• China launches first commercial rocket to space

    09/Jan/2017 // 182 Viewers

                                 Chinese newly launched commercial rocket

    A Chinese rocket successfully sent three satellites into space in the country’s first commercial mission, a media report said on Monday.
    The rocket Kuaizhou-1A (KZ-1A) blasted off from China’s Jiuquan Satellite Launch Center in central Gansu province at 12:11 pm (0411 GMT) with three satellites.

    The media report stressed that one of the satellites is expected to be used for land resource and forestry surveying, environmental protection, disaster prevention and relief purposes.

    It added that the other two satellites would test technologies of low-orbit narrow-band communication and data exchange.

    Report says a rocket technology company under the China Aerospace Science and Industry Corporation is responsible for the mission.

    Experts say the successes of Chinese space programmes are significant for China’s one-party rulers to garner support from the population and to boost international prestige.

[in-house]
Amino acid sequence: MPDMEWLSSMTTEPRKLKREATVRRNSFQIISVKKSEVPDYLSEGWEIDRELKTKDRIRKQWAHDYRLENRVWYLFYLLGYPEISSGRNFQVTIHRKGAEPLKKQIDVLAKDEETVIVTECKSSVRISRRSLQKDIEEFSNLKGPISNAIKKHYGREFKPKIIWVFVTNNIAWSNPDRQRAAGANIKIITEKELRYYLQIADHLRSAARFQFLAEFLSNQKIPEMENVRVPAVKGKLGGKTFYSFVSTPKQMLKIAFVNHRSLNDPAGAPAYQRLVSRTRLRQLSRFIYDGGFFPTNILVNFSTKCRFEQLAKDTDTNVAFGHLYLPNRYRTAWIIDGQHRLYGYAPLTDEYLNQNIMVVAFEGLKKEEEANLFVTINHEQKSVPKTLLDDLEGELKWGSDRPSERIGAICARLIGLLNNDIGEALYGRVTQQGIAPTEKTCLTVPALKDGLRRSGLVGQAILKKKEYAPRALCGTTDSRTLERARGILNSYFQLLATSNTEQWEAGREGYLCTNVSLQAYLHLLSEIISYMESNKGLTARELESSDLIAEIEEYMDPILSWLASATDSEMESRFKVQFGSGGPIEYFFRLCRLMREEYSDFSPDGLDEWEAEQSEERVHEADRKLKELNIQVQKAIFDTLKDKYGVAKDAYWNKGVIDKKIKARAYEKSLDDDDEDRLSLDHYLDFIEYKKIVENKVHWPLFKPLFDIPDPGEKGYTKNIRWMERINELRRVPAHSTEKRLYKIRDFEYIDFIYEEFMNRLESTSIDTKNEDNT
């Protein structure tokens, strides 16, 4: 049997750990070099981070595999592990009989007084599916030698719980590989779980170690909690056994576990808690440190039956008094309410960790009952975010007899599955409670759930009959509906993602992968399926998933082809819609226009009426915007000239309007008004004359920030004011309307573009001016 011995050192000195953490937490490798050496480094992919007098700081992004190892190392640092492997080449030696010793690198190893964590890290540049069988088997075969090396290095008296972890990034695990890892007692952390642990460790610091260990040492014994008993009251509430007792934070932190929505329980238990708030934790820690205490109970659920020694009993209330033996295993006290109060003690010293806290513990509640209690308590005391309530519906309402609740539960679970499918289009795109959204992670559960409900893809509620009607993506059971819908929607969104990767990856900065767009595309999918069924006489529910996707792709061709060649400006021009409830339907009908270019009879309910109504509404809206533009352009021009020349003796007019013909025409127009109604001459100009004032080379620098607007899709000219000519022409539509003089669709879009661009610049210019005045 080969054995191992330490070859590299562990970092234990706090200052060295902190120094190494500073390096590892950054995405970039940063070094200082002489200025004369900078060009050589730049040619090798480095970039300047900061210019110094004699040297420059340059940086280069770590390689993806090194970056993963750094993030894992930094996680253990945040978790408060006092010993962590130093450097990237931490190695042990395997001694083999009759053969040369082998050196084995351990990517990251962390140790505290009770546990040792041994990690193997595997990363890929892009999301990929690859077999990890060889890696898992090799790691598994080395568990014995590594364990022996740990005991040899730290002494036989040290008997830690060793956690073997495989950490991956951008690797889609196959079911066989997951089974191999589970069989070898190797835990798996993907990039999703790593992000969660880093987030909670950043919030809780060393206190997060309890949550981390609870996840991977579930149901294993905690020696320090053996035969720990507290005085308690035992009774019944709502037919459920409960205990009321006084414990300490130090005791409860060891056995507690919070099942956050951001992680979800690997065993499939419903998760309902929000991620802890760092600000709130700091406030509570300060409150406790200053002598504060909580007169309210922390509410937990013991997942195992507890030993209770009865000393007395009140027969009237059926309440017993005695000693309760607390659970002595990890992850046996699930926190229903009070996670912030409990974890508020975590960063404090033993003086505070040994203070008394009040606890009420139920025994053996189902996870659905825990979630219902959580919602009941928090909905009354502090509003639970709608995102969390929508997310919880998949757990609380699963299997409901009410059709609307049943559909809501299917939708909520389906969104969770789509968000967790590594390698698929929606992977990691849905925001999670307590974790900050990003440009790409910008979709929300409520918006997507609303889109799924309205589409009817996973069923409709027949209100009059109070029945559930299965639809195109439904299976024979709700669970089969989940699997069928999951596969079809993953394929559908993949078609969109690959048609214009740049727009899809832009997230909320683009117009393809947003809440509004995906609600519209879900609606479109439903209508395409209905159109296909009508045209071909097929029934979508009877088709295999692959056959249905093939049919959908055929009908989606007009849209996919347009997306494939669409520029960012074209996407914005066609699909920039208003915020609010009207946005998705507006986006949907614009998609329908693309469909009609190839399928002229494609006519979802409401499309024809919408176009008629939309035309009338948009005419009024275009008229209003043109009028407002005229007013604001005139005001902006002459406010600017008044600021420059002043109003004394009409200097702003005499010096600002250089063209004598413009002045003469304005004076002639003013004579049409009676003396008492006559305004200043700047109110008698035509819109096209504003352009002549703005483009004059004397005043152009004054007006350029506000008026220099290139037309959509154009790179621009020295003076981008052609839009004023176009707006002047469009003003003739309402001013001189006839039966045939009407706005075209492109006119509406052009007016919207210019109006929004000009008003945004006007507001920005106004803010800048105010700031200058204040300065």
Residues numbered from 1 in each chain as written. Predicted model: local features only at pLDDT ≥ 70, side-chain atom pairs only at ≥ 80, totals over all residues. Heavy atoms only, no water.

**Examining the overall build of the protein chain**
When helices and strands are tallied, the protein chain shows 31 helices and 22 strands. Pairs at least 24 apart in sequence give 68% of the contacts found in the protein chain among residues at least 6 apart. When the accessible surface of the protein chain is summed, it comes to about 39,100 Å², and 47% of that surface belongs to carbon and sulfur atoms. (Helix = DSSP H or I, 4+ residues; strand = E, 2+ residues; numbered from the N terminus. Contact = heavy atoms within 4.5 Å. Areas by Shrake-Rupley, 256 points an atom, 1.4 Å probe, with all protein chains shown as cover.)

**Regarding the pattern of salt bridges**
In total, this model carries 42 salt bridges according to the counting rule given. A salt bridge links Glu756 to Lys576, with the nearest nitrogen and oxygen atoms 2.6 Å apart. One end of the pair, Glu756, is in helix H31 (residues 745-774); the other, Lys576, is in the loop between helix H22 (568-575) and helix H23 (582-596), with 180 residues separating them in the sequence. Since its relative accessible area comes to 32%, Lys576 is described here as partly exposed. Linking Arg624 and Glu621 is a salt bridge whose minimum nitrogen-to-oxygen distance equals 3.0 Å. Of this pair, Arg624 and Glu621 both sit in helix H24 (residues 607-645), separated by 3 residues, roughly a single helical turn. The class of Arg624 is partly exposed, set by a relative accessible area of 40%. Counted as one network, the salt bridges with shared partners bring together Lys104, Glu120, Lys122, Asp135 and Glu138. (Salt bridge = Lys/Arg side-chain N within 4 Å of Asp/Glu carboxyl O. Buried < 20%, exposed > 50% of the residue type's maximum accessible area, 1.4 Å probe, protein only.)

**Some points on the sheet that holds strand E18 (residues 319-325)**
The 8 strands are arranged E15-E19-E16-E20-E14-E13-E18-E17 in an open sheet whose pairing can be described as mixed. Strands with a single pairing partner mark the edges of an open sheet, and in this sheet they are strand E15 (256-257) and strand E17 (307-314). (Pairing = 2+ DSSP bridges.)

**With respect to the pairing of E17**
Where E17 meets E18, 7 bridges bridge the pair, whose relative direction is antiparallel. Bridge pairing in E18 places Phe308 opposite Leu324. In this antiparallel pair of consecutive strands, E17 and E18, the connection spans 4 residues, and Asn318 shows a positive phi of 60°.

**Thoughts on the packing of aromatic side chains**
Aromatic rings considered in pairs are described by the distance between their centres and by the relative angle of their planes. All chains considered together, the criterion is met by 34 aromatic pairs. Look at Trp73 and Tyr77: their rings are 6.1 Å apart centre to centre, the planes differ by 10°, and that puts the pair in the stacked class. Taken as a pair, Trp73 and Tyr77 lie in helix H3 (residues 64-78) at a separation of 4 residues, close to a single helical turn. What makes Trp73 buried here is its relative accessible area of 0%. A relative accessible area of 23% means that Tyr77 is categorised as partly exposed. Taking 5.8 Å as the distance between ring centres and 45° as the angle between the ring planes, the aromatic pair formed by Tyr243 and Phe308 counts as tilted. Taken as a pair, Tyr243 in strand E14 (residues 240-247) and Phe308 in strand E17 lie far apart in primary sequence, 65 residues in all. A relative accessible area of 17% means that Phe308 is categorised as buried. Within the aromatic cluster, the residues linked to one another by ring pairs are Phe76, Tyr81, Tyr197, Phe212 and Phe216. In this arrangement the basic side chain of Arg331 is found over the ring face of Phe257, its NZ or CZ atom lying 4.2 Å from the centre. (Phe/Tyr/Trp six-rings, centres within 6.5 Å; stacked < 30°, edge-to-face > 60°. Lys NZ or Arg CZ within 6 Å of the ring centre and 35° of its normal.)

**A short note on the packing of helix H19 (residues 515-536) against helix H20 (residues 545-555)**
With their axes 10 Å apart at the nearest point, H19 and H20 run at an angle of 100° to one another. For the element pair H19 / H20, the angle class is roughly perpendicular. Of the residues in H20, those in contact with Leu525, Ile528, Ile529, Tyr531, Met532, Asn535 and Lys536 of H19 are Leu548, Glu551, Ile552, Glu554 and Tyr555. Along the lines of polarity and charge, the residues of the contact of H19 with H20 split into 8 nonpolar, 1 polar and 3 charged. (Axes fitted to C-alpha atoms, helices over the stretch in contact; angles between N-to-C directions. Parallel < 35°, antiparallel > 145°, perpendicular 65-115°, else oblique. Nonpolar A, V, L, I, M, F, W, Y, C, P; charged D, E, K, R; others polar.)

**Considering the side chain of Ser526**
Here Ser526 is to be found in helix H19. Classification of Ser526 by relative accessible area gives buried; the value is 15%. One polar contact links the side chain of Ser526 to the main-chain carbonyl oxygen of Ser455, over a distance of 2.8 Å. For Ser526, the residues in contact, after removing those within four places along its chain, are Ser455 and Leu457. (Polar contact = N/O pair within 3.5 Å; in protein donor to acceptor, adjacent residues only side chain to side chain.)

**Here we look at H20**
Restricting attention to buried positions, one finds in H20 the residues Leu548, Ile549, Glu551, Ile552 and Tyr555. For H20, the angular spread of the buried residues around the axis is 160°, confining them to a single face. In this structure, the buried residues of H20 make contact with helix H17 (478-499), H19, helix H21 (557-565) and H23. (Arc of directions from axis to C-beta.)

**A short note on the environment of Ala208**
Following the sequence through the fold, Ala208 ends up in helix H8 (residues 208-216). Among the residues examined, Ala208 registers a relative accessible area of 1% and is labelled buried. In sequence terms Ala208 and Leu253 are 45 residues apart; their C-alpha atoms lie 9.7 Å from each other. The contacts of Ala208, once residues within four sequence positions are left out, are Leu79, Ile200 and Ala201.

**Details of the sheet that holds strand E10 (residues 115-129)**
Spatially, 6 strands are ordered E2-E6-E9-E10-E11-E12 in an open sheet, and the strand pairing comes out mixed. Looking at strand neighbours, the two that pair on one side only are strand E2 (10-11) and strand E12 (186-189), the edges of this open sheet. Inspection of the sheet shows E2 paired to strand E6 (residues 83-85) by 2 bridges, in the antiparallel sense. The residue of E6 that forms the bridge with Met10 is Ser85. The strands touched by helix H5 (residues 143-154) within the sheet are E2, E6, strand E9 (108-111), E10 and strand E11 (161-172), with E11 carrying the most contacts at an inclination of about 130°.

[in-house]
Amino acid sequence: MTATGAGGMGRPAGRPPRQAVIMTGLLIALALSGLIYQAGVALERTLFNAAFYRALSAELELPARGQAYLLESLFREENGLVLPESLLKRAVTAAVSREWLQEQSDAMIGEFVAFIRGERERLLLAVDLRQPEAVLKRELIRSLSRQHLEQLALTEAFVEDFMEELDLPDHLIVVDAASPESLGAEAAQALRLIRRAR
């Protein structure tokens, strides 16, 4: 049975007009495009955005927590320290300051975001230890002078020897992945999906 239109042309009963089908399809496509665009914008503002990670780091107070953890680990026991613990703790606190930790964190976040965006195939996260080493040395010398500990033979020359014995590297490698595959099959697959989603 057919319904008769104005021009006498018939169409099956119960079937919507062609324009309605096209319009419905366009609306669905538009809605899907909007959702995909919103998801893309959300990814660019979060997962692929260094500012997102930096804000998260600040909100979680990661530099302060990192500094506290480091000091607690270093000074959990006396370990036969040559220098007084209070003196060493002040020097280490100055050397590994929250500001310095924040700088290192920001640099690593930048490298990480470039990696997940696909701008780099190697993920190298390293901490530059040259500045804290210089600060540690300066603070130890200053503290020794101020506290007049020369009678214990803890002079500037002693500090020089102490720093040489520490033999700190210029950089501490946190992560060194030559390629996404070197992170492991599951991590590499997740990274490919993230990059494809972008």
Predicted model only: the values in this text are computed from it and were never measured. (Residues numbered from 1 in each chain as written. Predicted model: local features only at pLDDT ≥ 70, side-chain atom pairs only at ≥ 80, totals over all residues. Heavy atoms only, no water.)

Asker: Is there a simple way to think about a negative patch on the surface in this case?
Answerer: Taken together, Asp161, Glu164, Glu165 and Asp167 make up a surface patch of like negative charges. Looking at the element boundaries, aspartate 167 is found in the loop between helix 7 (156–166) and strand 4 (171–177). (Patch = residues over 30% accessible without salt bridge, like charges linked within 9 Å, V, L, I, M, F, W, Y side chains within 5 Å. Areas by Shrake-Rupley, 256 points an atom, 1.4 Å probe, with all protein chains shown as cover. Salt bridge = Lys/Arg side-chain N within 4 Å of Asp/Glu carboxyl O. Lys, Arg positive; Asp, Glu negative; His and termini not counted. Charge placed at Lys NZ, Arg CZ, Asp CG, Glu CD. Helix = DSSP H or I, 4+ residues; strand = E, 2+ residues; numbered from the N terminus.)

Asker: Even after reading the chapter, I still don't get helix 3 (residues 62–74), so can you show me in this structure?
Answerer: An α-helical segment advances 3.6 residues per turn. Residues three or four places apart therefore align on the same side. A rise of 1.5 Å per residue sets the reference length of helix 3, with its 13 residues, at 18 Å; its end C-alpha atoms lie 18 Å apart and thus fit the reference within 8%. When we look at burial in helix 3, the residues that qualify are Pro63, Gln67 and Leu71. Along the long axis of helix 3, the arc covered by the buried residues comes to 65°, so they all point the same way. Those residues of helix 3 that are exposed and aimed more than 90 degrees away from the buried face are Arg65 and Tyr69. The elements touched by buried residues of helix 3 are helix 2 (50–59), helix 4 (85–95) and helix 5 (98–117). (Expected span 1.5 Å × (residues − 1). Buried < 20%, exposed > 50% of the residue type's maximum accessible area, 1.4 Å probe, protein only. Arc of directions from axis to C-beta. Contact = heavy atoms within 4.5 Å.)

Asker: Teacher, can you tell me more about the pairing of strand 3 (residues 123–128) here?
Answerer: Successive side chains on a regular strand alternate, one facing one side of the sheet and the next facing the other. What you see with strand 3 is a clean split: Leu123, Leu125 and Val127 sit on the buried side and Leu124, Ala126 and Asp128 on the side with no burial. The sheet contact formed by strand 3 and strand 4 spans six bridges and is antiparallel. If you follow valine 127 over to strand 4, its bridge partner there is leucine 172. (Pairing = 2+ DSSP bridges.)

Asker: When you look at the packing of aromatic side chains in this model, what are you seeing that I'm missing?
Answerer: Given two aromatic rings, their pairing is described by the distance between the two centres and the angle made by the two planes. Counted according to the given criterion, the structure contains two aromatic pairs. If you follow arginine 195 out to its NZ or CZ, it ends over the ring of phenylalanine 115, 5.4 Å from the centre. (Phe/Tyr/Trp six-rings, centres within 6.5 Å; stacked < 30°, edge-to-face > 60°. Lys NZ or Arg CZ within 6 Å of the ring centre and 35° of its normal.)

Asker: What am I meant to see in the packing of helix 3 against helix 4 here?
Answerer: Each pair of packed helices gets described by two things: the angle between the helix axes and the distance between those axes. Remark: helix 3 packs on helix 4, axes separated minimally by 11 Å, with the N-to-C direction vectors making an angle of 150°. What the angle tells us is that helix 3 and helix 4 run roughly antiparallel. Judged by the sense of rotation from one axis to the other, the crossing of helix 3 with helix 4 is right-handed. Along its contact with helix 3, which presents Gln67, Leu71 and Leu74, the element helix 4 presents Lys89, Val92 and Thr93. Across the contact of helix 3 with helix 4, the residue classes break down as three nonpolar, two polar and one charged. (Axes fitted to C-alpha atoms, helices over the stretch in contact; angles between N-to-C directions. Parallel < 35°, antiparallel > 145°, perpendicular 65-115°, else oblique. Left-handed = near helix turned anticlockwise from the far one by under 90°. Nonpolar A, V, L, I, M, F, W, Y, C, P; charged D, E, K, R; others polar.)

In 2011, the U.S. Congress ruled that Chinese astronauts would not be allowed on the International Space Station because of national security concerns.

    The China National Space Programme aims to launch the core module of China’s own manned space station in 2018 with a goal of completing the station by 2022,’’ it noted.


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  • BUHARI tongue-tied as CHINA humiliates NIGERIA, throws out $2.9bn loan request

    09/Jan/2017 // 1177 Viewers

     

    The Chinese government, has withheld the $20 billion concession loan earlier promised to Nigeria, until after due verification, a Presidency source confirmed, on Monday morning.
     
    A top Presidency source, who is privy to the development, disclosed in a report, that the Federal has expressed disappointment that the money was withheld.
     
    Chinese Analysts, have however predicted that the current economic downturn in Nigeria, would dent the country’s credit worthiness.
    Recall, that in 2015, China had at a Summit of the Forum on China-Africa Cooperation, FOCAC, held in Johannesburg, South Africa, pledged $60 billion assistance to countries on the continent, including Nigeria, to develop and grow their infrastructure, and human development capacities.
     
    According to the Presidential source, government immediately swung into action, after President Muhammadu Buhari’s return from a visit to China, as well as, the follow-up visit of the Budget and National Planning Minister, Udo Udoma, to immediately fulfill the conditions for accessing the loan.